Half-Dose DOACs Cut Bleeding, Thrombus Risk Post-Watchman LAA Closure

October 15, 2021

In a potential case of "less is more," an antithrombotic regimen with only short-term antiplatelets and long-term reliance on direct oral anticoagulants (DOACs) — but at half the standard dosages — led to an almost 90% drop in risk of thromboembolic and major bleeding events after transcatheter left-atrial appendage (LAA) closure, in an observational study.

Meanwhile, the long-term half-dose DOAC regimen in patients with a history of atrial fibrillation (AF) and LAA closure seemed to shield against device-related thrombosis (DRT) at least as well as a standard oral anticoagulation (OAC) regimen with long-term antiplatelets.

The novel half-dose DOAC regimen, given initially with antiplatelets but continued indefinitely, had been occasionally but successfully used in practice as an alternative to full-dose OAC and antiplatelets in patients with nonvalvular AF, Domenico G. Della Rocca, MD, Texas Cardiac Arrhythmia Institute at St. David's Medical Center, Austin, told theheart.org | Medscape Cardiology.

The experience inspired the current prospective study, launched at three centers toward the end of 2014, that compared patients implanted with Watchman (Boston Scientific) LAA closure devices who were put on the half-dose or a standard regimen.

The results, published October 13 in JACC: Cardiovascular Interventions with Della Rocca as lead author, "confirmed what we were thinking," he said, "that what makes the atrium prone to develop a thrombus on the device is not the device itself, but activation of coagulation related to remodeling of the left atrium."  

Della Rocca referred to evidence that LAA occlusion may trigger activation of the coagulation cascade without much platelet activation, especially, perhaps, in patients with an AF-related myopathy that promotes thrombogenic conditions in the atrium.

That would help explain the limitations of antiplatelet agents in this setting as well as suggest that the half-dose regimen's efficacy may well extend to patients implanted with other transcatheter LAA closure devices, such as the Amplatzer Amulet (Abbott), he proposed, although that has yet to be studied.  

Meanwhile, Della Rocca said, the current study suggests that OAC given indefinitely at half the standard dosage provides antithrombotic protection without raising — and perhaps while cutting — the risk for major bleeding complications.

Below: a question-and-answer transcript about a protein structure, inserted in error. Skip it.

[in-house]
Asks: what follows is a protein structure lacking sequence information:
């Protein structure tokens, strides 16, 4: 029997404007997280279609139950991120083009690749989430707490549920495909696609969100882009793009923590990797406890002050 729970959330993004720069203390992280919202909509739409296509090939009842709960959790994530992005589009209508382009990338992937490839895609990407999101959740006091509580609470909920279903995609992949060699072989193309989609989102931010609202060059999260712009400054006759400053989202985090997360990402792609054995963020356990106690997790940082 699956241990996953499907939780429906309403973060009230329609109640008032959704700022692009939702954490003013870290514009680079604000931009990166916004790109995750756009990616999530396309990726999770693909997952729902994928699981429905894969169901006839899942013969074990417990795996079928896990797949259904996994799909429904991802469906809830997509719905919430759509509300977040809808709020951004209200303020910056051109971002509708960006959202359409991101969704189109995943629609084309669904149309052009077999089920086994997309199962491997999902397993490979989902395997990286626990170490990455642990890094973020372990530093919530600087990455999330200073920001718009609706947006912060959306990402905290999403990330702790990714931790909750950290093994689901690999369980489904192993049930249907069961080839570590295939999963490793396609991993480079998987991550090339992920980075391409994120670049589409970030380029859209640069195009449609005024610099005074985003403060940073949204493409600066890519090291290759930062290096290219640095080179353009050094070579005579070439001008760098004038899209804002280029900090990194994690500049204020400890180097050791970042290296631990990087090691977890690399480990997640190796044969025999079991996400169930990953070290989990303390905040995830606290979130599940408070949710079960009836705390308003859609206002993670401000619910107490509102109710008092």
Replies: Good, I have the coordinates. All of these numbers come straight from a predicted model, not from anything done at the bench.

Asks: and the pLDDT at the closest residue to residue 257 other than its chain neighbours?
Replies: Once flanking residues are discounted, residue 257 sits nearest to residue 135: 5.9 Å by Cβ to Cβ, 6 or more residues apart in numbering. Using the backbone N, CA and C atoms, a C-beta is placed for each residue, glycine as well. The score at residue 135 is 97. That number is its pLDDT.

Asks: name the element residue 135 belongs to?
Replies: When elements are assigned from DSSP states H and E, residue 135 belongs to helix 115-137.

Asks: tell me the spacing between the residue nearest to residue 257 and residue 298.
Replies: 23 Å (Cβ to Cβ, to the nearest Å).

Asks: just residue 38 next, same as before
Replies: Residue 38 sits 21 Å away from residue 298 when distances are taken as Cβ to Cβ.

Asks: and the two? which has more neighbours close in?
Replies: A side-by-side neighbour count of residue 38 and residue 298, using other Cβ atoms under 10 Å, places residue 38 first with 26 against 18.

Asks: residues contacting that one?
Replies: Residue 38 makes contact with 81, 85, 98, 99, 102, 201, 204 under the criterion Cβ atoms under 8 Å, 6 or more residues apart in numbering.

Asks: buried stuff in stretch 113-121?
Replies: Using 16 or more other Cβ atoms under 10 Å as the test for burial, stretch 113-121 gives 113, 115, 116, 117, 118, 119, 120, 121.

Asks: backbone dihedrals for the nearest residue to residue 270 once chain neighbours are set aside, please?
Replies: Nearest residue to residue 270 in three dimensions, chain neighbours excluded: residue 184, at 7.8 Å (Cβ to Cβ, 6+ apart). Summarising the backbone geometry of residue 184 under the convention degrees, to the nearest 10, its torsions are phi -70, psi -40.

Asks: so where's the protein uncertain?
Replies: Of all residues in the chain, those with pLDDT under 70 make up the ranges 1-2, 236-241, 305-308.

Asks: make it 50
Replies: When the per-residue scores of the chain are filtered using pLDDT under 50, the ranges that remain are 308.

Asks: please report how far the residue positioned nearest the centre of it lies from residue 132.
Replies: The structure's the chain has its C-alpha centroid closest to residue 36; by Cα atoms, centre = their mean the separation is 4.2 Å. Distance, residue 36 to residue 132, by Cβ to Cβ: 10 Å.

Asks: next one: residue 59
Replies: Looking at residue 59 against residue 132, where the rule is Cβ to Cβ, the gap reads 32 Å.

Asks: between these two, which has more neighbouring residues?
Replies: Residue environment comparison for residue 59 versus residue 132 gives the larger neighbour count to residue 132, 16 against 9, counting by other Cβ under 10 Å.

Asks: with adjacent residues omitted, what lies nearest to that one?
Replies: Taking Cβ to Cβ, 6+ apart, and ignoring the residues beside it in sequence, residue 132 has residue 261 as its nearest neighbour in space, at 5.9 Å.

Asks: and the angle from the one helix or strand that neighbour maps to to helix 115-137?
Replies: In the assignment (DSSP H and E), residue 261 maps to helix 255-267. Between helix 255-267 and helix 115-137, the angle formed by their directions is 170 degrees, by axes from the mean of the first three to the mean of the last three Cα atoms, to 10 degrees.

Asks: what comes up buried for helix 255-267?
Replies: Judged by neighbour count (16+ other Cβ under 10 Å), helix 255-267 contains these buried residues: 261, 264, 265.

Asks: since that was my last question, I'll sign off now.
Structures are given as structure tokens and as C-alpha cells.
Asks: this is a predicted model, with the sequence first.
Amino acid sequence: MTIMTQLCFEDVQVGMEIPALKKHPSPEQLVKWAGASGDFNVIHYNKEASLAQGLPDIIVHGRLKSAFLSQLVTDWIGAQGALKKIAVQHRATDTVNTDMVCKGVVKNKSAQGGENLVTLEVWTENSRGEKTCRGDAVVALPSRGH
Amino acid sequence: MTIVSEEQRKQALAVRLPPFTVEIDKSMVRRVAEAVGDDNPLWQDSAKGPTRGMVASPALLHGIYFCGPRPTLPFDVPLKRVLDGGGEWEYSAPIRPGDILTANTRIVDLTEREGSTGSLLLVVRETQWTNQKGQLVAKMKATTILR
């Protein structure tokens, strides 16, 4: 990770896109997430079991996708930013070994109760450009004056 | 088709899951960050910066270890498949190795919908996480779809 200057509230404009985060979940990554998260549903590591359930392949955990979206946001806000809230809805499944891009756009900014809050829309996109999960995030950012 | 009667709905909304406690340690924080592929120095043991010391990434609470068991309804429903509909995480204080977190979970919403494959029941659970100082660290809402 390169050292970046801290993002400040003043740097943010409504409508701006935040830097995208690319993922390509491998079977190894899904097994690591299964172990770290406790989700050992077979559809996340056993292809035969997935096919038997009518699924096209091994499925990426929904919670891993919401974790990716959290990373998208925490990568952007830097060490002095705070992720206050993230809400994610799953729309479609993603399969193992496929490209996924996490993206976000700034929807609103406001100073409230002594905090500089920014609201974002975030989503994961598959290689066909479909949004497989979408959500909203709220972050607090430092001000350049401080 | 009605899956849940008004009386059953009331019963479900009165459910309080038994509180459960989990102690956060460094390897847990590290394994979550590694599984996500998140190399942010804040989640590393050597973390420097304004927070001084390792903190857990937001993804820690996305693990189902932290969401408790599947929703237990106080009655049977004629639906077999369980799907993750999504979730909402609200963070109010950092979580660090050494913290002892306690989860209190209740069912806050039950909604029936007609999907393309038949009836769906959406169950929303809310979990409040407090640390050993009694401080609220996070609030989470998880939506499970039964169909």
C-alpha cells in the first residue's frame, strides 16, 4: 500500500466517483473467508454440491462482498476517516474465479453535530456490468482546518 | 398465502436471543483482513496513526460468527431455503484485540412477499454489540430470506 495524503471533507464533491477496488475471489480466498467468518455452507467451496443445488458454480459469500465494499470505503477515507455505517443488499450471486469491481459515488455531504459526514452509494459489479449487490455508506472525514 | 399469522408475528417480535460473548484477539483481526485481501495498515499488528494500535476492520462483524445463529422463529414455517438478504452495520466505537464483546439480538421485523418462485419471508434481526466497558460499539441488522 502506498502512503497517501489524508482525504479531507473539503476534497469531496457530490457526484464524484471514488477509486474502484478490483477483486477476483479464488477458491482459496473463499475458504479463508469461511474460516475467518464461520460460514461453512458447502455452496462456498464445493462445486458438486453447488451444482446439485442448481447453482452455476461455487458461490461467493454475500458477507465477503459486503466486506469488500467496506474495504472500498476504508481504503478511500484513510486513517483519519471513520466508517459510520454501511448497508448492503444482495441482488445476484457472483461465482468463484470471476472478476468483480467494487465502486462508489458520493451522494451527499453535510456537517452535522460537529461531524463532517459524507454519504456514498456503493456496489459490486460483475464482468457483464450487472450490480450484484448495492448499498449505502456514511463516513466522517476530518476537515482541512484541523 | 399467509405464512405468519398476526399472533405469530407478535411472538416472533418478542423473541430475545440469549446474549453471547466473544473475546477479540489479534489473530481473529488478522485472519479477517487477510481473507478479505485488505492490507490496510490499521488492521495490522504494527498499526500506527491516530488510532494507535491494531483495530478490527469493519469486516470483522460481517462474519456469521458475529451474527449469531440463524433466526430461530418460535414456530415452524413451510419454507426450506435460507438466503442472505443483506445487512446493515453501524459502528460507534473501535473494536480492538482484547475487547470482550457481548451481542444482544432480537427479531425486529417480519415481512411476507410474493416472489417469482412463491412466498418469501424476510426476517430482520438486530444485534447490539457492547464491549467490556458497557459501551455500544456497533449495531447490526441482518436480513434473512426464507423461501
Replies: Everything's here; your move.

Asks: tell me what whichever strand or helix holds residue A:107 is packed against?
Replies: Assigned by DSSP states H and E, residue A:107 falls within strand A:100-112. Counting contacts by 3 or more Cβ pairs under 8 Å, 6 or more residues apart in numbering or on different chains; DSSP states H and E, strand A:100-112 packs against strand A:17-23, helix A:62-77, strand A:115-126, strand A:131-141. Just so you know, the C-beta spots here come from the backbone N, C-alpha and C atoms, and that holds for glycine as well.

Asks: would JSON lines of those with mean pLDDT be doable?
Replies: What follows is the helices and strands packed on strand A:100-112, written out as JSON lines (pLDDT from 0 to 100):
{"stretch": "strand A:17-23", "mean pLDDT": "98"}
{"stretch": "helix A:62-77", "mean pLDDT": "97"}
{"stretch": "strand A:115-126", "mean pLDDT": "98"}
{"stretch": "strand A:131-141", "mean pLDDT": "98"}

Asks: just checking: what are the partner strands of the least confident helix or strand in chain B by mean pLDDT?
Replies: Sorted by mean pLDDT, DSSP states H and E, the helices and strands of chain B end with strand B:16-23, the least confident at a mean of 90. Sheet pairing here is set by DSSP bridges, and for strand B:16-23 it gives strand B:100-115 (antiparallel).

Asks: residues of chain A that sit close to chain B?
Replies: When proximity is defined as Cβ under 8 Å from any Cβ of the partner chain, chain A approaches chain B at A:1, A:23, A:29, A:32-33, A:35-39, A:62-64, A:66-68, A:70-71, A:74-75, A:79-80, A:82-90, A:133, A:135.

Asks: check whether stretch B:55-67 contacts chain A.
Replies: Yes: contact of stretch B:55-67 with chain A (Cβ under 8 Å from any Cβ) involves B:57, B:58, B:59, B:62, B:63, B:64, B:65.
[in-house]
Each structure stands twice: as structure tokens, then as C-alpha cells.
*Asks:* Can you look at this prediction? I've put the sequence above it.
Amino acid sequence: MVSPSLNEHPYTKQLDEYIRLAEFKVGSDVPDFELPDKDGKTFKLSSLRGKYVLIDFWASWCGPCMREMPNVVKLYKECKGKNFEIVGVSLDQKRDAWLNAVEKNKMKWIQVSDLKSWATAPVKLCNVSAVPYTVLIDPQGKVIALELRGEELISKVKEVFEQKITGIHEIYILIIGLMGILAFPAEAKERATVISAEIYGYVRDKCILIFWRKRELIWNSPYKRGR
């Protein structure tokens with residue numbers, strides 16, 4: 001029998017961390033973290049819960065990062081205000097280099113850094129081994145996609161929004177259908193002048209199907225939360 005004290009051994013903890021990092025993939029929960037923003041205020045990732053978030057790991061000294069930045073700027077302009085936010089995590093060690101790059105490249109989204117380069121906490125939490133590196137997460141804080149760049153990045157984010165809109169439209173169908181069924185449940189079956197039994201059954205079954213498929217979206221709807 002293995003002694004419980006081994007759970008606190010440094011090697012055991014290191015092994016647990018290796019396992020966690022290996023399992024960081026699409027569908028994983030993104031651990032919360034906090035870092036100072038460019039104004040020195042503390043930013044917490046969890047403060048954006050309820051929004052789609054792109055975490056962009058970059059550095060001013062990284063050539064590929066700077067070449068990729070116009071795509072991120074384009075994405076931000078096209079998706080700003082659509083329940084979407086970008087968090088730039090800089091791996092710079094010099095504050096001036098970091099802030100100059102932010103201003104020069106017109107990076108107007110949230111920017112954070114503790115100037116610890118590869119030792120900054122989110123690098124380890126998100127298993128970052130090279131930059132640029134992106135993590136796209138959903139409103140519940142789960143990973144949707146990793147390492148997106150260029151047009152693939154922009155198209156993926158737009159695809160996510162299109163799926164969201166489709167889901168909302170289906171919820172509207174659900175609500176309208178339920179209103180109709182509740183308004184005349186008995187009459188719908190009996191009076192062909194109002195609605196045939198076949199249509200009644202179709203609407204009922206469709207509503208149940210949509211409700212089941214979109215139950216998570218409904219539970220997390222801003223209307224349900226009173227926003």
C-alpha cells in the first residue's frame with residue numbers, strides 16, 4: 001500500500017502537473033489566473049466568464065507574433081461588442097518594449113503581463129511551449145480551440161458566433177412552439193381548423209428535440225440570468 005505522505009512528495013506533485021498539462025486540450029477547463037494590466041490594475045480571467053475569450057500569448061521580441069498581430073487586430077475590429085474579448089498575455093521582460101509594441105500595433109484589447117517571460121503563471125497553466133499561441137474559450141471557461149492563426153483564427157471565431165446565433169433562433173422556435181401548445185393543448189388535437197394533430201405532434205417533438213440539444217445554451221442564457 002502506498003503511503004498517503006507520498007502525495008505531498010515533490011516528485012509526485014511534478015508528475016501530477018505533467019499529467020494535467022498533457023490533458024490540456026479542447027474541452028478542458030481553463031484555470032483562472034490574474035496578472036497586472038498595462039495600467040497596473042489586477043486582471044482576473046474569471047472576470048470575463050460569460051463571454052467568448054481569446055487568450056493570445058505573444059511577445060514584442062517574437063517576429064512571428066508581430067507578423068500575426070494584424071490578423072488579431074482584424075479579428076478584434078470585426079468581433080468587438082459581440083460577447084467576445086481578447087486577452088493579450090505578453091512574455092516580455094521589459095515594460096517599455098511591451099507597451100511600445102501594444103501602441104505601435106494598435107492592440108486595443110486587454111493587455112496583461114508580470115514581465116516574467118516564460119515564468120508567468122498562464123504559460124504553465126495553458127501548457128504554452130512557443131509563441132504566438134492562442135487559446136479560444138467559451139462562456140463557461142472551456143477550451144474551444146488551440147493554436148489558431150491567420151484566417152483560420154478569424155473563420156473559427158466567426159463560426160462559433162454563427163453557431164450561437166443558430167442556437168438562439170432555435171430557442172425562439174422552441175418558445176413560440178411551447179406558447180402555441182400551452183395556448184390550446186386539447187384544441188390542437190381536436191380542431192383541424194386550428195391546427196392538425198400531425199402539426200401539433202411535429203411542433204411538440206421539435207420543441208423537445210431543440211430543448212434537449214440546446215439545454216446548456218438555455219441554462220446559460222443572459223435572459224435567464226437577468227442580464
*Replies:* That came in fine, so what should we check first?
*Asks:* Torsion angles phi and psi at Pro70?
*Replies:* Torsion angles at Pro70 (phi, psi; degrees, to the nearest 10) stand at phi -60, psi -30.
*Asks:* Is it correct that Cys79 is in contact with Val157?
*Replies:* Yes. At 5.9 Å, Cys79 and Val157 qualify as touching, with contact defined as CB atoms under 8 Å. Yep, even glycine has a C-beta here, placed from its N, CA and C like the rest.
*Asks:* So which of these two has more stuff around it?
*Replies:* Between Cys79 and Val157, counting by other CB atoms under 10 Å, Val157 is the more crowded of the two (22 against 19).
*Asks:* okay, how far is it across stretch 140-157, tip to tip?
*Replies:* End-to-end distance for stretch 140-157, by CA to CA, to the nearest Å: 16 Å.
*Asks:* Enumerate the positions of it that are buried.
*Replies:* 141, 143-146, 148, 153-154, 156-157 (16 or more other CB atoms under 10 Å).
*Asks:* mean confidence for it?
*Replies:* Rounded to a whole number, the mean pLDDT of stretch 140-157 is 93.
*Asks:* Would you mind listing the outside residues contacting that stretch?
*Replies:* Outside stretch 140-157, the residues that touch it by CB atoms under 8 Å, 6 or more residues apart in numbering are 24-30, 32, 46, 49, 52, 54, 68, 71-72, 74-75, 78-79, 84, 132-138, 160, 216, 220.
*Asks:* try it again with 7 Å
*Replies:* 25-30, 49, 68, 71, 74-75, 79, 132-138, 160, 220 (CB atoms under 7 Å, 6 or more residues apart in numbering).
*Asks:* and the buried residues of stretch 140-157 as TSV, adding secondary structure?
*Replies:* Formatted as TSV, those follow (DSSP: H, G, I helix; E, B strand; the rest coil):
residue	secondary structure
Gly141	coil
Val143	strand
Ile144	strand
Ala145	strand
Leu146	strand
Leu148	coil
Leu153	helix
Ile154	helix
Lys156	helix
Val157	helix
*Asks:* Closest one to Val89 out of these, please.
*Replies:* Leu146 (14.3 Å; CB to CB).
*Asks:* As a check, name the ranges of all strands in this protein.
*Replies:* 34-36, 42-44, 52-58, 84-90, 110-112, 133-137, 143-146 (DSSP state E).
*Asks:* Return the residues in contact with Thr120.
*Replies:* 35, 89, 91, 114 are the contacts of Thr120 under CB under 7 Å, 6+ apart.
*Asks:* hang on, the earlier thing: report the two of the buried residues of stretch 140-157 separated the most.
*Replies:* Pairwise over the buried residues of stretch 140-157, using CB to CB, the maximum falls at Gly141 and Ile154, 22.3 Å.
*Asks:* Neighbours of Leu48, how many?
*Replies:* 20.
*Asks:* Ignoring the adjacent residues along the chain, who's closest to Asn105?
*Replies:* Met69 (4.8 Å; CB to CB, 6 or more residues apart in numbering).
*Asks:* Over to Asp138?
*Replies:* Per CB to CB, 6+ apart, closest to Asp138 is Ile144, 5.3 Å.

They Made Sense at the Time

Although antiplatelet agents alone don't prevent thromboembolic stroke in AF, they were empirically selected as the antithrombotic backup in the early days of transcatheter LAA closure after it became clear the devices wouldn't be enough, observed Jonathan P. Piccini, MD, MHS, Duke University Medical Center, Durham, North Carolina, who wasn't part of the current report.

"Maybe that made sense at the time the studies were designed," but the field has since learned much more about the limitations of both antiplatelets and the closure devices, he told theheart.org | Medscape Cardiology. The closure devices "have been super helpful for patients, but there are still challenges: formation of thrombus on the device; the need for some antiplatelet therapy, which predisposes to bleeding; and a residual risk of thromboembolic events," Piccini said.

"What's great about the half-dose DOAC is that it appears to win on each of those major challenges in patients with an occluder."

All of the study's 555 patients with successful Watchman implantation were initially put on OAC along with antiplatelets. But about 36% of the cohort received OAC in the form of a DOAC at half the standard dosage, maintained over the long term but accompanied for the first 45 days by 81 mg aspirin.

The remainder were put on standard management initially featuring either a DOAC or warfarin plus dual antiplatelet therapy (DAPT); OAC was withdrawn after 6 months and the patient continued on aspirin only. That group saw almost 10 times the risk of the primary endpoint — DRT, thromboembolic events, or major bleeding — compared with those on the half-dose regimen.